Tag Archives: Scrub

Giant Sand Pines! You Never Know What You May See…

 It was Memorial Day weekend and there was just enough time to go see that place…

Walton Scrub is easy to pass. Located at 10809 S. Indian River Drive between Jensen and Ft Pierce, the only clue that it exist is a sign and a small parking area. Look east for a marvelous view of the Indian River Lagoon. Turn west and find 33-hidden acres containing threatened and endangered plants found only in the habitat of scrub.  A half- mile self-guided interpretive trail is available on line.

~Ed agreed to go so long as I drove and if it only took an hour.

“So you really want to show me this scrub again? Haven’t you already taken me to places like this?”  

“Ed, I have but every place is different. You never know what you may see!”  

I became interested in scrub environments about three years ago. Scrub seemed more interesting once I realized how ecologically valuable it is and how humans have gobbled-up almost every inch for development. I have so many memories of running through scrub as a kid and today there is basically “none” left.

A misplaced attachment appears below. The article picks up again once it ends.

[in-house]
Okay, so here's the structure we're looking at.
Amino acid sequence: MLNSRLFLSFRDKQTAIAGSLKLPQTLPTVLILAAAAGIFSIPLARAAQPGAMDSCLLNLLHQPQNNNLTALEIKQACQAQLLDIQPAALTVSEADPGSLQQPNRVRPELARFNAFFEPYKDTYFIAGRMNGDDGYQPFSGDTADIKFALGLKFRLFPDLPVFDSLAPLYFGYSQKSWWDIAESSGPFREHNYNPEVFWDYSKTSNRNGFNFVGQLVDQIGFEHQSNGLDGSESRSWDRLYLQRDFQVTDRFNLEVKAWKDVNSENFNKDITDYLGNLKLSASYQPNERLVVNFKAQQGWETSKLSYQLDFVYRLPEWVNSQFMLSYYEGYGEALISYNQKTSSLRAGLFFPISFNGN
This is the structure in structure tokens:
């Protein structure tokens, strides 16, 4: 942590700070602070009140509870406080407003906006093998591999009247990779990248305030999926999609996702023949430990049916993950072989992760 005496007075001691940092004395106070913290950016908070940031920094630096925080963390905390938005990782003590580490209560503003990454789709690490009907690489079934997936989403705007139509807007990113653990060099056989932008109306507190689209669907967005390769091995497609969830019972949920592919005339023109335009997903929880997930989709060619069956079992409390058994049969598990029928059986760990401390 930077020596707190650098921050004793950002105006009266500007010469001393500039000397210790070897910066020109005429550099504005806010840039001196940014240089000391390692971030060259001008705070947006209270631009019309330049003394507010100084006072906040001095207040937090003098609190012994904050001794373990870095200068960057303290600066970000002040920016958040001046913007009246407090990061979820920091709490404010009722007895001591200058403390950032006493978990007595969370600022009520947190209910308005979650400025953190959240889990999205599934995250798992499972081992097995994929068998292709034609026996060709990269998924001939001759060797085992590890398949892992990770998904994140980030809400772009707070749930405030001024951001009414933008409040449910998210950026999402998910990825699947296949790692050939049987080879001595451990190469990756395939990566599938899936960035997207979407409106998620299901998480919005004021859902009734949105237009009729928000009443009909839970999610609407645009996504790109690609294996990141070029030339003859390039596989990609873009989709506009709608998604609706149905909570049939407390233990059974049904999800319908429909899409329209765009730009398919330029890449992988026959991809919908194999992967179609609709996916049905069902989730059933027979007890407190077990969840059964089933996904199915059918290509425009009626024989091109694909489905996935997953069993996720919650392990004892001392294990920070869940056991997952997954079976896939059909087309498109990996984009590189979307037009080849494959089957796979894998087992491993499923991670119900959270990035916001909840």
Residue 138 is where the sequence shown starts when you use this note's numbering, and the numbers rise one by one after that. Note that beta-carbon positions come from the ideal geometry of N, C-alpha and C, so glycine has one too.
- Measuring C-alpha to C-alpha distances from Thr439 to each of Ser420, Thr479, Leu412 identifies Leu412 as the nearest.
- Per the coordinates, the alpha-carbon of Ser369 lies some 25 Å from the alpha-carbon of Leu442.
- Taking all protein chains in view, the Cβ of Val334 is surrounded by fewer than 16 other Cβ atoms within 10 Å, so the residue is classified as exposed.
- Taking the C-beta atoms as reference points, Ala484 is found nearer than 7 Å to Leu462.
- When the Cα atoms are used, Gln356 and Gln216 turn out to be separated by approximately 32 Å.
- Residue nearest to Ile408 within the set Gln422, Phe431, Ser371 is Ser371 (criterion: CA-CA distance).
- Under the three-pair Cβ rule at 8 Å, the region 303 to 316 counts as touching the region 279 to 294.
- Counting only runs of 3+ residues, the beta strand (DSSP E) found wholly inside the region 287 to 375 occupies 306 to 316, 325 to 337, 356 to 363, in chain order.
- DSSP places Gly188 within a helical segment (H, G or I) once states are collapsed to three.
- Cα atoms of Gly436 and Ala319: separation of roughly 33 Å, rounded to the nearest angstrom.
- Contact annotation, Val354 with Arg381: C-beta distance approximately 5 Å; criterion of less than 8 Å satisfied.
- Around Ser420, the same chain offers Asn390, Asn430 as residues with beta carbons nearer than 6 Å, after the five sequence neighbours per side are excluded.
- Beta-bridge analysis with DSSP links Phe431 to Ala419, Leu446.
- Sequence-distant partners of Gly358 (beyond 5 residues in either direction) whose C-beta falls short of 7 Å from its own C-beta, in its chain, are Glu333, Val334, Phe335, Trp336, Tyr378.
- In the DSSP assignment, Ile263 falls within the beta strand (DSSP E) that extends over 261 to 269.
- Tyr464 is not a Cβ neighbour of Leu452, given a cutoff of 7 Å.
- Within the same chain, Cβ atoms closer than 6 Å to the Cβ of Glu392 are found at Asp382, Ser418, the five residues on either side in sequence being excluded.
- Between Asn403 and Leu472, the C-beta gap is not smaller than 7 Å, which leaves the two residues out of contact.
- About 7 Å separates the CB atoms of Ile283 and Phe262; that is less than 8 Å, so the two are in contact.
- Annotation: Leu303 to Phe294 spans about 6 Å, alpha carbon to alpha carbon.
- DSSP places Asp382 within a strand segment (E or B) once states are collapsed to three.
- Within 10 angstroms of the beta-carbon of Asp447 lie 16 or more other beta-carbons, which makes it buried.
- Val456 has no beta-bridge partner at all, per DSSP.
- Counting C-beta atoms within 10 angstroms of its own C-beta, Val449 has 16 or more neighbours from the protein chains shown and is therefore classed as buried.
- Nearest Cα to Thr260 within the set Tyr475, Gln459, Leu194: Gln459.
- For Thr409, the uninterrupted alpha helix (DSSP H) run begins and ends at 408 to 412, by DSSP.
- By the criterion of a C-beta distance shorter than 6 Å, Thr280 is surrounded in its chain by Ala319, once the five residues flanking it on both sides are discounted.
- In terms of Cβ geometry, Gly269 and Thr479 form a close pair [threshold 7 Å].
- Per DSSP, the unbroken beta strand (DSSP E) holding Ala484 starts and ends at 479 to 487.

My childhood home in St Lucie Estates had been a sand pine forest, and there were many empty lots.  I remember sand pines, scrub oaks, gopher tortoises, scrub jays, and indigo snakes. I remember hot white sands and blue tailed skinks. For me, even today, the sand pine scrub represents my childhood.

And in this special preserve, this Walton Scrub, on this special day, Ed and I found the most enormous sand pine trees I have ever seen. Bent and enduring; tremendous and old. I felt as though I was looking at a ponderosa itself!